More disturbing to me is the unquestioned acceptance of this status quo by students and colleagues, especially among students. At Columbia, many of our students do, in fact, work "outside the box" and engage in a multiplicity of presentation contexts. The "box" metaphor is particularly apt, however, in that the compositional work that is endowed with the most legitimacy is that which appears on academically-sanctioned concerts inside the concert-hall box; the proscenium stage, the passive-aggressive audience, the entire creaky apparatus of conservatively-approved music. To me, this seems most peculiar in a world where nearly all musical distribution and exchange happens outside a concert hall, yet we pretending to do Serious Art persist in reifying an outmoded nineteenth-century construct by surrounding ourselves in the trappings of concert-hall culture.
Like the other examples I have described, this too is a symptom of the academic favoring of one compositional practice over others. The tacit legitimization of one kind of musical activity inevitably leads to an unhealthy hierarchicalization that is at the root of my dissatisfaction with what we do with our music, and thus to our culture. I've had students show me rock/DJ/pop/remix or installation work they do, accompanied by the caveat "I just do this for fun" or "this has nothing to do with my serious work, but I thought you might enjoy it" as if even the potential contamination of one musical domain by another will do some unspecified intellectual damage. This almost schizophrenic compartmentalization of compositional output and the unspoken ranking of approved musical work posits an exclusionary model of thinking that is opposed to the broader, more ecumenical approach that I prefer. What makes one compositional tradition, one context, one piece, more legitimate -- better -- than another?
This is more than just a rhetorical question. There is a deep philosophical divide in how this judgment is made, or (more to the point) whether this kind of ranking is possible. I have been involved in many discussions in which a certain composition, student or composer was described as "objectively" better than another. To me, this statement makes almost no sense, unless there exists a fixed ideal, perhaps ultimately beyond human capability, that can be used as an "objective" metric for making these assessments.
I don't see how an objective perfection can exist, especially in a human activity as malleable as music. Not long ago I was debating the merits of a 'minimalist' installation piece with a composer-friend whom I respect and admire. I thought the music was enthralling, propelled by a subtle timbral shifting coupled with an elegant setting that absolutely captivated me. My friend's response, totally ignoring the contextual frame: "this music is so simple, I could write an algorithm to generate a thousand pieces just like it in a few hours." He hated it. We were experiencing the same music, but using very different 'objective' metrics to judge it.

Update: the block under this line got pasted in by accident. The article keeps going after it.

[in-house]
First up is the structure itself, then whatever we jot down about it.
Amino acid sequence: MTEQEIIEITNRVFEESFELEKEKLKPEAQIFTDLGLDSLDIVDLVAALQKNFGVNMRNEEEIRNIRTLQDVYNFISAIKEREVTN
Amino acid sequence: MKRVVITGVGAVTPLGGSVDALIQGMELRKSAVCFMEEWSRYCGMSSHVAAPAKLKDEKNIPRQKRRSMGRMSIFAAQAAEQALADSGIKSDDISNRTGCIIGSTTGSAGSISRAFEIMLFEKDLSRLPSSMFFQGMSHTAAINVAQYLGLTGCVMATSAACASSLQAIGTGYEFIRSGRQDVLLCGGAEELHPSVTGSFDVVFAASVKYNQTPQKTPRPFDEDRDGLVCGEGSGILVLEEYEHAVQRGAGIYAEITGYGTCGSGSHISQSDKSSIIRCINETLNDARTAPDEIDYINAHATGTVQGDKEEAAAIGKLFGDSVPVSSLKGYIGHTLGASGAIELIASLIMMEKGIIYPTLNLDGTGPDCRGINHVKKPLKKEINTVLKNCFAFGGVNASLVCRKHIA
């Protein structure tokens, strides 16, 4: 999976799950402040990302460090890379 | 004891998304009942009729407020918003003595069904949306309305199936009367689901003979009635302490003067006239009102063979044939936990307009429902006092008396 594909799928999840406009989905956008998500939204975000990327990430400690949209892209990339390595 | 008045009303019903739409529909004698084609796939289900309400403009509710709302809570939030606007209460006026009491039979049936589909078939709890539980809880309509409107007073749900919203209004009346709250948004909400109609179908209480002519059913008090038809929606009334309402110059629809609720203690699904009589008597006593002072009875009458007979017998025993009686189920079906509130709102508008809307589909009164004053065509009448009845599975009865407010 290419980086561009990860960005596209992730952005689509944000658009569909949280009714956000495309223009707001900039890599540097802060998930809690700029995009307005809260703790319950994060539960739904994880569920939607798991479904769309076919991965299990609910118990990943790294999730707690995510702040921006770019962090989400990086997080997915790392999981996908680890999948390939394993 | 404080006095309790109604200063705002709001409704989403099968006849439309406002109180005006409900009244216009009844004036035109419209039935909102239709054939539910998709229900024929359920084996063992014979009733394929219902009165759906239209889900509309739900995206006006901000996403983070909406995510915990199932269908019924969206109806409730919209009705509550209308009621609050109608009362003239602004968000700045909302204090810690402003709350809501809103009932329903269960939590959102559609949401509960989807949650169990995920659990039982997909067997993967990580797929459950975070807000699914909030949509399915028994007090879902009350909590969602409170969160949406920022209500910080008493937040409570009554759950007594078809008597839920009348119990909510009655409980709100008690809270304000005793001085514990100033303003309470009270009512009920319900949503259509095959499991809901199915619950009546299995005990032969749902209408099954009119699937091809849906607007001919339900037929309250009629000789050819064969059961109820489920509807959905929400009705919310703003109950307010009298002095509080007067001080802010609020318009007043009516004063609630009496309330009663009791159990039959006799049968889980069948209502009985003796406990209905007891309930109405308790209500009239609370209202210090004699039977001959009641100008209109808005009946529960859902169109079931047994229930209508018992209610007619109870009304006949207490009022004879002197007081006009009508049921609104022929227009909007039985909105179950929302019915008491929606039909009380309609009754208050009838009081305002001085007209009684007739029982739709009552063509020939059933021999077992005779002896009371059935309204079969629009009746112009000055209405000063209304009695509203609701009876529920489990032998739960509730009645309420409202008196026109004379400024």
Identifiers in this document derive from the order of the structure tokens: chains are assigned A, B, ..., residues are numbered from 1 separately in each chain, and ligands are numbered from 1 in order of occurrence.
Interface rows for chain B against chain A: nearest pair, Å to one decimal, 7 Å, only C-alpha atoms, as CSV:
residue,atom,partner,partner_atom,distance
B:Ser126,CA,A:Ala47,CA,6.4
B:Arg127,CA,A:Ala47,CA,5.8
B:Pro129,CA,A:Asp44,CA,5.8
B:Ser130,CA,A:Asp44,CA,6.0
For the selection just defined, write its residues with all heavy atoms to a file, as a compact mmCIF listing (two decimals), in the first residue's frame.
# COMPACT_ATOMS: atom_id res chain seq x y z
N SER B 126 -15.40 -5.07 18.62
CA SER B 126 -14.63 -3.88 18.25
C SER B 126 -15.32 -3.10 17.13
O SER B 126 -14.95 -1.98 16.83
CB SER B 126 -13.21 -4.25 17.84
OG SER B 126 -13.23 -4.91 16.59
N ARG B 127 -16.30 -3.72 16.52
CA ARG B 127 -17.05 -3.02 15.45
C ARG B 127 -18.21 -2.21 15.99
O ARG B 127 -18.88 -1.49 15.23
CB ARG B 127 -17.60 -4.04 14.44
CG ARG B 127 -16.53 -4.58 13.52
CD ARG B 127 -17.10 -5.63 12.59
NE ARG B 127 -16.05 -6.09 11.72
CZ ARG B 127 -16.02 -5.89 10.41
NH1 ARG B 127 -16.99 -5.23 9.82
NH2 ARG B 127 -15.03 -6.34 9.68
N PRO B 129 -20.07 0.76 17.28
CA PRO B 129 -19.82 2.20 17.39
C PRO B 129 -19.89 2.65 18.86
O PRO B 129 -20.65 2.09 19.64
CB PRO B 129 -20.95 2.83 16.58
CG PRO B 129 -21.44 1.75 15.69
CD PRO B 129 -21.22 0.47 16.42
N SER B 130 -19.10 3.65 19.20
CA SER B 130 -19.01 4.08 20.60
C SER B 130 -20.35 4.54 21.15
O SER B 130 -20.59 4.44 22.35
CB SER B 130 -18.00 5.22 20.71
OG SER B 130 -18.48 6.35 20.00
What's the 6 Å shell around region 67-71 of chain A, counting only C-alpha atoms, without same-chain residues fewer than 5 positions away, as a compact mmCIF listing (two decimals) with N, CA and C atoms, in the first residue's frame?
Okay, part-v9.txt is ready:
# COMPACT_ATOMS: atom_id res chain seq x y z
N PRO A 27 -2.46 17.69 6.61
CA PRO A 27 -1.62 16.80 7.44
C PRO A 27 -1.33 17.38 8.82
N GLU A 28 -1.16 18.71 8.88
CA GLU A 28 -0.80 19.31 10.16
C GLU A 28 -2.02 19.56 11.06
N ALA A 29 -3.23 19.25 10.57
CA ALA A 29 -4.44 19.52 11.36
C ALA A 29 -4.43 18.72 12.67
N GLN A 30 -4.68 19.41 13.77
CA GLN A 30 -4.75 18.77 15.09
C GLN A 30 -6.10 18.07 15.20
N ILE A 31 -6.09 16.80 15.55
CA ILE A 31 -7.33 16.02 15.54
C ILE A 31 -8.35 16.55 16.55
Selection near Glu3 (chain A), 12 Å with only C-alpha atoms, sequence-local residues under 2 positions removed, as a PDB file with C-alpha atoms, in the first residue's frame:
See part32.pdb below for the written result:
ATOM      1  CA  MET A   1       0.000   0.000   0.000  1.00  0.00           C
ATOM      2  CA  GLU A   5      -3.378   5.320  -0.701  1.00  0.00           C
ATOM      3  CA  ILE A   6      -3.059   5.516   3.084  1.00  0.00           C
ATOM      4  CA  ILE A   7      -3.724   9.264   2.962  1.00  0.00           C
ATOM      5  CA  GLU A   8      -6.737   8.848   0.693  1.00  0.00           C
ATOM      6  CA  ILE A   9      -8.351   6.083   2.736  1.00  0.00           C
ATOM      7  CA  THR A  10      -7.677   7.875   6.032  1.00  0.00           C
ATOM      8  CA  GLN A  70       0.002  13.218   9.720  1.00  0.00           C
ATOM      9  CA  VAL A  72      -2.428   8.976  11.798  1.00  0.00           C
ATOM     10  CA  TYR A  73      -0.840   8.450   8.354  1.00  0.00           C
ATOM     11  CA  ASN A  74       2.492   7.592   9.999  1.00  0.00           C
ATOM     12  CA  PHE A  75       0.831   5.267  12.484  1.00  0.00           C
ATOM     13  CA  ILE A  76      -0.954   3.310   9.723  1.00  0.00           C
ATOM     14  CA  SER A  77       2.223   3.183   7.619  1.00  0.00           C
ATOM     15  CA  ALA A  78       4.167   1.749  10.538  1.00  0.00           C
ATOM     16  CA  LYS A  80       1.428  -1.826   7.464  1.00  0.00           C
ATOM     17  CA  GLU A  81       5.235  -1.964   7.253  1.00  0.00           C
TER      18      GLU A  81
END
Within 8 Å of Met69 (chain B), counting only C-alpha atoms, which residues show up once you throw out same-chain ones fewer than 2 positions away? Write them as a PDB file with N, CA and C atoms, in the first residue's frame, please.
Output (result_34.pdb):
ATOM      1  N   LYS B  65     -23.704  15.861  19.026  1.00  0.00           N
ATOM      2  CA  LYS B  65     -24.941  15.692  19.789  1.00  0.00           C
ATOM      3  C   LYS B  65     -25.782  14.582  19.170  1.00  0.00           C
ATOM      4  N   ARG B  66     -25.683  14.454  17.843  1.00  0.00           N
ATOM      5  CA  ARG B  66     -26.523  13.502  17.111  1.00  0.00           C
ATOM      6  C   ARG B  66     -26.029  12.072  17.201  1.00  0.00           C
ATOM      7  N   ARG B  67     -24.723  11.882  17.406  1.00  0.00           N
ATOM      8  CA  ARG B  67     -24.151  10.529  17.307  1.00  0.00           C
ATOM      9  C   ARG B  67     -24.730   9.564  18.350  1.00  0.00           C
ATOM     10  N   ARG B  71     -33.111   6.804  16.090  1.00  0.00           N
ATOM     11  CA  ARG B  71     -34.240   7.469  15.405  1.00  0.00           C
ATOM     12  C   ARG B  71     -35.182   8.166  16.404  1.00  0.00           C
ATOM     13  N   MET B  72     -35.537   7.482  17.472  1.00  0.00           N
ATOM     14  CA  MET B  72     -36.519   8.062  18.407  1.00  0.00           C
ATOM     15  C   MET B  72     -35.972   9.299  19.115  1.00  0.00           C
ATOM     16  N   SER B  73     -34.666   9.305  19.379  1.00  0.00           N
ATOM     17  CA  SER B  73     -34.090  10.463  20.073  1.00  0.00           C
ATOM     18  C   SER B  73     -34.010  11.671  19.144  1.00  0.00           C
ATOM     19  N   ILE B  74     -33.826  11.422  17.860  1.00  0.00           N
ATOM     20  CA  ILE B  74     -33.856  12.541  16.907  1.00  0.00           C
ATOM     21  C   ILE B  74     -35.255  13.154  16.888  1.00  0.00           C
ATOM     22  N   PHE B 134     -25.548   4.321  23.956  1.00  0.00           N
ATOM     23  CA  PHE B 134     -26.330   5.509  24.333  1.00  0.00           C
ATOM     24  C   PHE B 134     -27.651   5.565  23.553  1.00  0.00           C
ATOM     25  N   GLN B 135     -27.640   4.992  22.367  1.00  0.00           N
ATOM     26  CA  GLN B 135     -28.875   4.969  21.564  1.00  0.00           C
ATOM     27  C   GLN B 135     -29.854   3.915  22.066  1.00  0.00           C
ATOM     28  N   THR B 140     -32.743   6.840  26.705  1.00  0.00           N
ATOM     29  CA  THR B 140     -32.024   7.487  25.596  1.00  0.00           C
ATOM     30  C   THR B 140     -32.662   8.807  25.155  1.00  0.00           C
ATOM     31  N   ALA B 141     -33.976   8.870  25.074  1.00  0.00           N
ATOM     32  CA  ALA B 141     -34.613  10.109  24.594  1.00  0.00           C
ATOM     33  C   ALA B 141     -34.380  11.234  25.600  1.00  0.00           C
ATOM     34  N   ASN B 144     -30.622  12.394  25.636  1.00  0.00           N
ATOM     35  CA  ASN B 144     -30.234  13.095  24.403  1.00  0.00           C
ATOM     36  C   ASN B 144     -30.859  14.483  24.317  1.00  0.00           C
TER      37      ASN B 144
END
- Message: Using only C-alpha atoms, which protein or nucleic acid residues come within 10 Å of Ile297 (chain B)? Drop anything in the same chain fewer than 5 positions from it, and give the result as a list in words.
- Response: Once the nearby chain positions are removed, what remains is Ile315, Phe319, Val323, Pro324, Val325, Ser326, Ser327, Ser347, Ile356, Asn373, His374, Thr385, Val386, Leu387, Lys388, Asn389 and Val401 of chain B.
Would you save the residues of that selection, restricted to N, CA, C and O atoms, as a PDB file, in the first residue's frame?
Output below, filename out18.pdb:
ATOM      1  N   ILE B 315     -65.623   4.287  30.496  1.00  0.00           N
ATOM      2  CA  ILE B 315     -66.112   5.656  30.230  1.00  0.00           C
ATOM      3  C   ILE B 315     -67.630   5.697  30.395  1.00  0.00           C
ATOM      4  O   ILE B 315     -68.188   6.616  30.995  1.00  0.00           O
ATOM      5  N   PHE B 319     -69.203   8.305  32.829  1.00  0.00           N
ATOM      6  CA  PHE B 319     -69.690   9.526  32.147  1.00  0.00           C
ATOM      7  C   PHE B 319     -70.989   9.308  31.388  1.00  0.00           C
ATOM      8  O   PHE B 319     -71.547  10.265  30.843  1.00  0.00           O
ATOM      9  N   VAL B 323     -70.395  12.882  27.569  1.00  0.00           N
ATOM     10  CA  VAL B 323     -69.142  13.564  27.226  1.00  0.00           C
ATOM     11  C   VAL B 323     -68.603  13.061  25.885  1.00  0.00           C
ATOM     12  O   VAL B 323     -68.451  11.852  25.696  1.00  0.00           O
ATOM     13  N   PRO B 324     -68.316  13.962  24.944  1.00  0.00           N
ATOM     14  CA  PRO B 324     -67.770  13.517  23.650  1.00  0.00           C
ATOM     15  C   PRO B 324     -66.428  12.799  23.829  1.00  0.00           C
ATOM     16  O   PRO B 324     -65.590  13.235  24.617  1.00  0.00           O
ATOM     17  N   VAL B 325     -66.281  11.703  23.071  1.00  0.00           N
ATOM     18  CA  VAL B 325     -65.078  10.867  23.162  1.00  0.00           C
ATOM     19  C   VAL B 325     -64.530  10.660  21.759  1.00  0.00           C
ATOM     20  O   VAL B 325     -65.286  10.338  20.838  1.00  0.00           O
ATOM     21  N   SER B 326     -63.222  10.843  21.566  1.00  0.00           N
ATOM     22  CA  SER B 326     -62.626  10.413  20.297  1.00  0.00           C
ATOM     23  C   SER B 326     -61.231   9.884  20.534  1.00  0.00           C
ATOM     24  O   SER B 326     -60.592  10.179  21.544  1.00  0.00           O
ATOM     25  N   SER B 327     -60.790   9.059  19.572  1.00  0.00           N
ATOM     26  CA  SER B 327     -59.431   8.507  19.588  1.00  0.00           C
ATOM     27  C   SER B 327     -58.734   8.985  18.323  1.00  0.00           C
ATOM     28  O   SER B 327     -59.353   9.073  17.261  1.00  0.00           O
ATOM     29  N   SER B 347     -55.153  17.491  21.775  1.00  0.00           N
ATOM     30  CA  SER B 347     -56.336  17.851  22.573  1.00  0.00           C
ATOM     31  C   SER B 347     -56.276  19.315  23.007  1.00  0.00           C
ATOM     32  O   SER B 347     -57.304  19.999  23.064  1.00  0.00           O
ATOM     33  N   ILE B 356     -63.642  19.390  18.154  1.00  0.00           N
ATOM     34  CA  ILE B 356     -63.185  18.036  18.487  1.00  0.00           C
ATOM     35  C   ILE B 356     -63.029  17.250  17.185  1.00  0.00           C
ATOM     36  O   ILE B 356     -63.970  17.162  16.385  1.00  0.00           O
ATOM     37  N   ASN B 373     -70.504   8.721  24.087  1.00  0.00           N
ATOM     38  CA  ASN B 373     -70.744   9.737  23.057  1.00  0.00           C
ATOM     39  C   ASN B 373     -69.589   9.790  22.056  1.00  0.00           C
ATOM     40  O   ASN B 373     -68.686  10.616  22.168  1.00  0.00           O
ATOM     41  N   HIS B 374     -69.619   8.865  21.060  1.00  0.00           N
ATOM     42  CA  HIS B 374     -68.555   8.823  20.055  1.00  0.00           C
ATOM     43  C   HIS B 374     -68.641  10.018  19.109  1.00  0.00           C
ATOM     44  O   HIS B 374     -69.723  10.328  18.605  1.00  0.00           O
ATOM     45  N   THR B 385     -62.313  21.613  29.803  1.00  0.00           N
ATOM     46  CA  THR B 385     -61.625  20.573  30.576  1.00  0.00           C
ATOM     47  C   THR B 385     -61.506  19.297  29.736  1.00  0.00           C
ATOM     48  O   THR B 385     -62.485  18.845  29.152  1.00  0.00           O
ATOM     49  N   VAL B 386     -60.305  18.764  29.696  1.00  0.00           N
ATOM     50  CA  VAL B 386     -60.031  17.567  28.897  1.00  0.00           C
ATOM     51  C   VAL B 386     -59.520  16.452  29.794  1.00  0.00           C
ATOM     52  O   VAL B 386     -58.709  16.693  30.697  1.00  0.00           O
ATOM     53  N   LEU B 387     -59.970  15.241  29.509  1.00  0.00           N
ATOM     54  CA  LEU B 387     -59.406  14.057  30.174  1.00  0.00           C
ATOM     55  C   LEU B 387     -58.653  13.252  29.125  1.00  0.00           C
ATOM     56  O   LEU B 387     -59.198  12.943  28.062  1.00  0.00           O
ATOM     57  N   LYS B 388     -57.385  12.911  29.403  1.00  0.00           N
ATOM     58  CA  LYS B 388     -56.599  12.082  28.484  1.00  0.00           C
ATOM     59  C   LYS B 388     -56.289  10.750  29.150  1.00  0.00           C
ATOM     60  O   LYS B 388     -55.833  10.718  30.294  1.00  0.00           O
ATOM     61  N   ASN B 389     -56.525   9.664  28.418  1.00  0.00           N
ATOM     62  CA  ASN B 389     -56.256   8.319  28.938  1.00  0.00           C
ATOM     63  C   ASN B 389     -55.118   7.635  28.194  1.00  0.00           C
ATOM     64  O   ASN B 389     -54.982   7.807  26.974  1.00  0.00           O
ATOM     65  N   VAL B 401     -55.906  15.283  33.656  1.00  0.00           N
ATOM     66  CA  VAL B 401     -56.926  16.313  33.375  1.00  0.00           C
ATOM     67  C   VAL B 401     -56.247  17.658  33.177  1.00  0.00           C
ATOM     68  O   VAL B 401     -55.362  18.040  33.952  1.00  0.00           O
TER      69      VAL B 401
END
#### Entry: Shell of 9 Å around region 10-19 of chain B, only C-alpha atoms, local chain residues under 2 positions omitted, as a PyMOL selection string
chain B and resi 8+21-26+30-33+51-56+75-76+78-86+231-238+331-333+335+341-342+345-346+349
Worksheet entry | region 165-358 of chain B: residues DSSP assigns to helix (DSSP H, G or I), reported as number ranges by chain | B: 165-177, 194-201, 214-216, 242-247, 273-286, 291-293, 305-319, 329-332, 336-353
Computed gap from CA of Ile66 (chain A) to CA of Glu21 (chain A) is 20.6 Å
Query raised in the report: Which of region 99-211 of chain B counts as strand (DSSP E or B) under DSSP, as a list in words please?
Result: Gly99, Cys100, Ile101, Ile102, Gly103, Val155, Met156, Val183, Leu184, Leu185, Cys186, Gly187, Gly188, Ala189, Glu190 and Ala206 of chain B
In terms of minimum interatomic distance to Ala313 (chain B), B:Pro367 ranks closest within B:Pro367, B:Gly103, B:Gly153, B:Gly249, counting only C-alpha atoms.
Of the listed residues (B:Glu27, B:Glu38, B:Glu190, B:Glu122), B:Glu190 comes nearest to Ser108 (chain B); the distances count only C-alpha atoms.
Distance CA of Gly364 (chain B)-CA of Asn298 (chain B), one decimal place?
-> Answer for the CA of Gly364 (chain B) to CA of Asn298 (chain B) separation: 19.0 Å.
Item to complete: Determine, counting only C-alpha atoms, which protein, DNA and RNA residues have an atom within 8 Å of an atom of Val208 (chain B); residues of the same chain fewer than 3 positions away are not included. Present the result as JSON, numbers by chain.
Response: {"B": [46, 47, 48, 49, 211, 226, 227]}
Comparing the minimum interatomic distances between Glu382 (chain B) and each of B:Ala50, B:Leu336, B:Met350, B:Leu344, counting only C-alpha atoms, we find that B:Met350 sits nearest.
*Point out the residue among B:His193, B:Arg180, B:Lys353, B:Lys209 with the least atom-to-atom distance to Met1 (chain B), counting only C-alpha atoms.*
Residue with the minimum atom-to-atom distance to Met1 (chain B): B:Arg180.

Are there neo-Platonic forms, Kantian ideals that mark the ultimate limits of perfection? Like pragmatist philosopher Richard Rorty, I don't believe that there are. I think the best we can do is to accept that we are, in fact, all different from each other. In such a situation, a recognition of the rich diversity we can choose to bring to musical discourse isn't just an accommodation of convenience, it also serves to build models of a more inclusive and more tolerant culture.
The forms we choose to use, the attitudes we embrace, the way we do things, these all combine to structure our social and cultural ingenuity. Suppose we do assert an extra-human, objective scale for ranking a private, personal and highly individual experience like music. The dangerous model thus is set. We can then easily adopt an extra-human agency to legitimize other private, personal and highly individual philosophies and belief systems. We are justified in what we think and do because we can appeal to something grander and more powerful than ourselves. Can we then "objectively" determine the proper economic system? Can we "objectively" determine which religious faith is best? Unfortunately, millions of believers think we can, much to the world's detriment.
What we do can matter. How we do it can matter most of all. In the past, I thought that simply pointing to possible correlations between the way we as creative artists work and the shaping of our society would be enough to promote action. Time seems shorter these days, however, and I would like to offer some prescriptive, albeit probably banal and obvious, advice:
Can we intentionally work towards a common cause through our personal
perspectives? If we cultivate diversity in our aesthetic practice, will
it lead to an urgently-needed tolerance in the world? Is it possible
to build a culture of acceptance by building models through our methodology?
I don't have any answers to these questions. Our world is sick,
however, facing political and environmental disaster on an unprecedented
scale. Many of the problems plaguing us stem directly from deeply-held
convictions of social differentiation and exclusion, rooted in philosophies
that justify heinous acts in the service of a 'greater good'. We are
what we do. We have to start doing better. We have to start
somewhere. Why not music?